The Ministry of Finance will turn to the Johannesburg Stock Exchange to raise funds for the budget deficit for the second time, after it successfully listed a N$3b bond program, that has raised N$850m to date.
Those funds were able to partly finance the budget deficit for the 2012/2013 fiscal year. The Ministry of finance cannot confirm the amount, and says it will be announced as per the Mandated Lead Arrangers, close to the auction date.
The Villager however, understands that fiscus wants to raise about N$1.5billion.
The Mandated Lead Arrangers (MLAs) for the JSE bond are Absa Capital (Barclays) with Namibia Equity Brokers and Rand Merchant Bank (RMB).
Currently, Namibia’s total debt as a percentage of the GDP is below 25%, at 24.4%, which is lower than the threshold of 35%.
“During the 2014/15 fiscal year the Government plans to tap from the same listed facility “the JSE”, preferably during the third term of the fiscal year. However, the amount to be issued from this facility will be subject to cash flow requirements of the Government and when market conditions suite the issue” Minister of Finance Saara Kuughongelwa-Amadhila said. She told The Villager that the JSE is the only international market the government has listed on.
“The purpose for Government to issue bonds in the international markets is mainly to diversify the Government funding sources and further to create benchmark for Namibian corporate entities who may wish to tap from the international market. The proceeds of the bond issue are aimed at diversifying the sources to finance the budget deficit” she added.
According to Kuughongelwa-Amadhila, the government had to turn to the foreign markets because the Namibian Sovereign Debt Management Strategy sets domestic borrowing at a ceiling of 80% of total debt, while on foreign borrowing the limit is 20%, which she says keeps the annual borrowing plan at 80:20 ratios.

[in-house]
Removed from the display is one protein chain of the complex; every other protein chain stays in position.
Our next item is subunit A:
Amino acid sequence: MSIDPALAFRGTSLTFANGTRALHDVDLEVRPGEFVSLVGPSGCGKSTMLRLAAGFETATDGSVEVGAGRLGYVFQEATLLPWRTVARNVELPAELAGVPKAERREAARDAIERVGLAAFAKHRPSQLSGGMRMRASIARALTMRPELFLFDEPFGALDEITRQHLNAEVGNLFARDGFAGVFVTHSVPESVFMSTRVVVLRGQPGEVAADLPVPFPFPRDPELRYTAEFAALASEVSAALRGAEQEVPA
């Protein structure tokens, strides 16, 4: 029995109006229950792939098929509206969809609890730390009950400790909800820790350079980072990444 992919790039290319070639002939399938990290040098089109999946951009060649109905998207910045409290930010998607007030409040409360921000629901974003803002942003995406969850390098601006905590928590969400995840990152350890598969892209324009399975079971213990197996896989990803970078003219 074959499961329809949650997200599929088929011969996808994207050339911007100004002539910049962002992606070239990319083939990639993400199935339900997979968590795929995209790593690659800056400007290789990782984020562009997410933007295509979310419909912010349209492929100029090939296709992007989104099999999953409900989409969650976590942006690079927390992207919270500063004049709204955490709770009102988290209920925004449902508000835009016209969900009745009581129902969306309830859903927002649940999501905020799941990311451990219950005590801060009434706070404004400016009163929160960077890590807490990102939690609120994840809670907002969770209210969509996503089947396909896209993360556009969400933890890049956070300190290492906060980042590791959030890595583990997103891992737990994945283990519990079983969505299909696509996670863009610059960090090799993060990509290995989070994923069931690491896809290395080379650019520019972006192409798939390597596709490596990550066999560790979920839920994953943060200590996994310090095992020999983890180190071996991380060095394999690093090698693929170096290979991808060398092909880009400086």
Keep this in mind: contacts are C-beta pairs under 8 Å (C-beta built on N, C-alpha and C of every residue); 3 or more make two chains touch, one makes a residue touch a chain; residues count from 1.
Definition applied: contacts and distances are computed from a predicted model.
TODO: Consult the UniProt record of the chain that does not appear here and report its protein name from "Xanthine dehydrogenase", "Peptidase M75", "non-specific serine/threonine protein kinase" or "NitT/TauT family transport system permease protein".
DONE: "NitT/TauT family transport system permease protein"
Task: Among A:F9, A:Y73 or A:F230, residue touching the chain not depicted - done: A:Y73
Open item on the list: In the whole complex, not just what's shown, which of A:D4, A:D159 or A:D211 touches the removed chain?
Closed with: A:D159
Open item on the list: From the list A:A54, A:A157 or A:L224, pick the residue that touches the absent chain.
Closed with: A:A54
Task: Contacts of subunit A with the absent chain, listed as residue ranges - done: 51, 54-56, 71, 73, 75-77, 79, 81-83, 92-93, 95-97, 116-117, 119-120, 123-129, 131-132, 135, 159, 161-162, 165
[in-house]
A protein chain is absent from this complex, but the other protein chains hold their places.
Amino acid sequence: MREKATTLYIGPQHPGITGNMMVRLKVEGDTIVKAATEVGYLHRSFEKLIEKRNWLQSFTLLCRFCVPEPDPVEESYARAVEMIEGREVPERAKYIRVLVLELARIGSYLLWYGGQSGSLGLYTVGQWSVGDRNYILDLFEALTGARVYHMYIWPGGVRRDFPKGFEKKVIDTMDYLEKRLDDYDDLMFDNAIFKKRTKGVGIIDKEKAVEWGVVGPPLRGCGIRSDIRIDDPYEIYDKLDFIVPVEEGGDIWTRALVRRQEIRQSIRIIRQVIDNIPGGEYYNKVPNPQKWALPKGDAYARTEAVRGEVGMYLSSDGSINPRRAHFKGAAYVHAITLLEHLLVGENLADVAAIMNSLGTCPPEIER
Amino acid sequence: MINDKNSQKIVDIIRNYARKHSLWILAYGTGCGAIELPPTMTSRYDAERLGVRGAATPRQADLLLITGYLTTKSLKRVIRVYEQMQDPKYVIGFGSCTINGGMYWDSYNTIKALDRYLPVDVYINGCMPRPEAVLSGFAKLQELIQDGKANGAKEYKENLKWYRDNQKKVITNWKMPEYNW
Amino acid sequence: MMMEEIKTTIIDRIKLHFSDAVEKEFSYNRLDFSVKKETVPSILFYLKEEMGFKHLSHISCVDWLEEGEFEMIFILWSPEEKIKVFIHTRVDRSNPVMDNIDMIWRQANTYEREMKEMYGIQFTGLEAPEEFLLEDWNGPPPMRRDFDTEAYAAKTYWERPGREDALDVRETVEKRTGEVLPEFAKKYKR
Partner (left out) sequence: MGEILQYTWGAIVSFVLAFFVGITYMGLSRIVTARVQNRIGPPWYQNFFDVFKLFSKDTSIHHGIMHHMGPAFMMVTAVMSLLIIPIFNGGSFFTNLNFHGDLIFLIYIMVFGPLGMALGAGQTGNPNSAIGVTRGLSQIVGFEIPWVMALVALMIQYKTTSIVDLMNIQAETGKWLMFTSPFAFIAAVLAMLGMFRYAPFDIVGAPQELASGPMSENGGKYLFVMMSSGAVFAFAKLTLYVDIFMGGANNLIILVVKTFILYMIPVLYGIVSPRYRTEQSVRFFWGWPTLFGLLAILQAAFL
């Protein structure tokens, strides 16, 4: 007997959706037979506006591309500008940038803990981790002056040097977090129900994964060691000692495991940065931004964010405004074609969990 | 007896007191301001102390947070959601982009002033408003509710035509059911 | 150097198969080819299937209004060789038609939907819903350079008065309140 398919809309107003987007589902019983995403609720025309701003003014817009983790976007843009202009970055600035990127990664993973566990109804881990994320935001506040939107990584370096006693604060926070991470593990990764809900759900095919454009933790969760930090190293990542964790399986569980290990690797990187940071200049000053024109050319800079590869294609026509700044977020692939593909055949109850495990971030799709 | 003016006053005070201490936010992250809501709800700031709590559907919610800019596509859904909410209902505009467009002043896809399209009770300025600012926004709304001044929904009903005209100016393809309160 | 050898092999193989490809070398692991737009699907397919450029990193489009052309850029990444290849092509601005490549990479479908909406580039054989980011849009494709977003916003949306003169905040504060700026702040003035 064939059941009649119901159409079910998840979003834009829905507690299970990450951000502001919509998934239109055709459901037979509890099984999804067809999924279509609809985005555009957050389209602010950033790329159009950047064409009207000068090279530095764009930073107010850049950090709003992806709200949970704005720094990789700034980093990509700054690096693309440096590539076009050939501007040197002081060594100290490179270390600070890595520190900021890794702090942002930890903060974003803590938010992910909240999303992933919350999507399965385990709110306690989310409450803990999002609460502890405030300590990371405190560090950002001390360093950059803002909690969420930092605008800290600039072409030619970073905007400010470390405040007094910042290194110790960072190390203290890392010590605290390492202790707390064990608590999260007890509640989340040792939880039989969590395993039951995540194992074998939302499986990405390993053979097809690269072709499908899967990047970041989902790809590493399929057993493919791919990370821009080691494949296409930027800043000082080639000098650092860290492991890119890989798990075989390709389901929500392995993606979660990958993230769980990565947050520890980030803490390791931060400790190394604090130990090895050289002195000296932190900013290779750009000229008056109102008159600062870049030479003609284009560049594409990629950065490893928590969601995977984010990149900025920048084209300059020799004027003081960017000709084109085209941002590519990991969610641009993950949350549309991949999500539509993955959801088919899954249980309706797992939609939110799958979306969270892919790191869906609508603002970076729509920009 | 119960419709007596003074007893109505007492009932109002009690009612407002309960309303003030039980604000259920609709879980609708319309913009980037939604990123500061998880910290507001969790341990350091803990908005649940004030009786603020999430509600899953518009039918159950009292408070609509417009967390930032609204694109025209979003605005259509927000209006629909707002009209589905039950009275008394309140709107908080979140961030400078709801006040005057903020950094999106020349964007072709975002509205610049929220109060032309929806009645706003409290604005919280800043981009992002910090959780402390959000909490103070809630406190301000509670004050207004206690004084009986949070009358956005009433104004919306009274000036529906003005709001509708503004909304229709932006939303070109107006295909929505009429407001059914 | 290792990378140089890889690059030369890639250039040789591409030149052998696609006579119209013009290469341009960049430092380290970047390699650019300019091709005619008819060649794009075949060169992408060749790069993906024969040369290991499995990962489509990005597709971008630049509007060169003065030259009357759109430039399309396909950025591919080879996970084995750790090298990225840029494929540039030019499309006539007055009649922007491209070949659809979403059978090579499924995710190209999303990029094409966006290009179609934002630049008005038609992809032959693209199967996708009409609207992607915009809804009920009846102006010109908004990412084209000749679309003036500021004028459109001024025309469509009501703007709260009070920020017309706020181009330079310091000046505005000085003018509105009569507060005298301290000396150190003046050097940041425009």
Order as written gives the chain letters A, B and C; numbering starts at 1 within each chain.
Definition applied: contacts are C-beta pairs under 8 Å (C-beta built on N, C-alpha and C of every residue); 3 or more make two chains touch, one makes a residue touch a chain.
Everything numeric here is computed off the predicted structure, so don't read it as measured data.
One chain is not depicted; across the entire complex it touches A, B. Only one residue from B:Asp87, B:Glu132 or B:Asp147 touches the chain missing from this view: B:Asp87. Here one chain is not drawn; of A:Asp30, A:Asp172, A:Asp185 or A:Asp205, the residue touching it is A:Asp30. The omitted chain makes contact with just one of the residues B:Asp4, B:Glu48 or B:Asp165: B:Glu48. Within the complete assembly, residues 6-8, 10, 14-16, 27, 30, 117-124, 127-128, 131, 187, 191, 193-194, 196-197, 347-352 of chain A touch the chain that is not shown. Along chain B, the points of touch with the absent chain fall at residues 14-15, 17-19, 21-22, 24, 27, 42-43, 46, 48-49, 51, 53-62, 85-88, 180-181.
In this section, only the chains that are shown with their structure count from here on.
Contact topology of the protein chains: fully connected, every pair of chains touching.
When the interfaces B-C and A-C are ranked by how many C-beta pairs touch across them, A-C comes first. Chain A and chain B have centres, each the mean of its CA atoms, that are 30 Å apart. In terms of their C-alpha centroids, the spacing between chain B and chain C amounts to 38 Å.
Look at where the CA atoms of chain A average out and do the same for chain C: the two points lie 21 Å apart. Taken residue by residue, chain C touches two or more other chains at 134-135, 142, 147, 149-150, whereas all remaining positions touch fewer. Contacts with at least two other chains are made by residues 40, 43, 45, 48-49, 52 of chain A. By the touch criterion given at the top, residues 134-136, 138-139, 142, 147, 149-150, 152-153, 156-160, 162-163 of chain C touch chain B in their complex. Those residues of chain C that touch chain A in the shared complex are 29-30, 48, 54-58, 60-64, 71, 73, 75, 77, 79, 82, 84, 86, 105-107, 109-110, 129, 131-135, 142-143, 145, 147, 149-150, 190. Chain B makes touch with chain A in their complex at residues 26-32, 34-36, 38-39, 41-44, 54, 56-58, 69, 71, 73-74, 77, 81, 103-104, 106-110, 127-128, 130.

“In this regard, a large share or 80% of the Government budget deficit will be funded through issuance of treasury bills and bonds in the domestic market. Only a smaller portion or 20% will be funded through foreign borrowing, i.e. JSE listed bond” Kuughongelwa-Amadhila said.
Finance says, the combinations of debt instrument will be issued in both the domestic and international market as per the ratios of 80:20.
“The Government budget includes revenue and expenditure components. The Expenditure component consists of operational budget and development budget that include infrastructure financing. Therefore, the operational expenditure combined with development budget is the main driver of the recurrent budget. It is worth noting that Namibia is a developing Country. Developing means that the country is still addressing the imbalances between the living standards of Namibia citizen. At the same time, Government is investing in the infrastructure aimed to drive the economy forward. To meet those challenges, the Government had to spend more than the revenue earned, which resulted in the recurrent budget deficits and increasing the debt level,” Kuughongelwa-Amadhila said.
She added that government borrowing activities will employ the necessary strategies to ensure that debt ratios will be contained within the set benchmarks.
The minister adds that the government does not anticipate supplementary funds from SACU for the current fiscal year. SACU receipts are part of the revenue collection, as determined through a Revenue Sharing Formula.
Government has been trying to fill in the deficit create by the Targeted Intervention Programme Employment and Economic Growth (TIPEEG) which aimed at creating 104 000 jobs. However, although some degree of success has been achieved, analysts have blamed the programme for plunging government into heavy expenditure on a programme that did not have guaranteed results.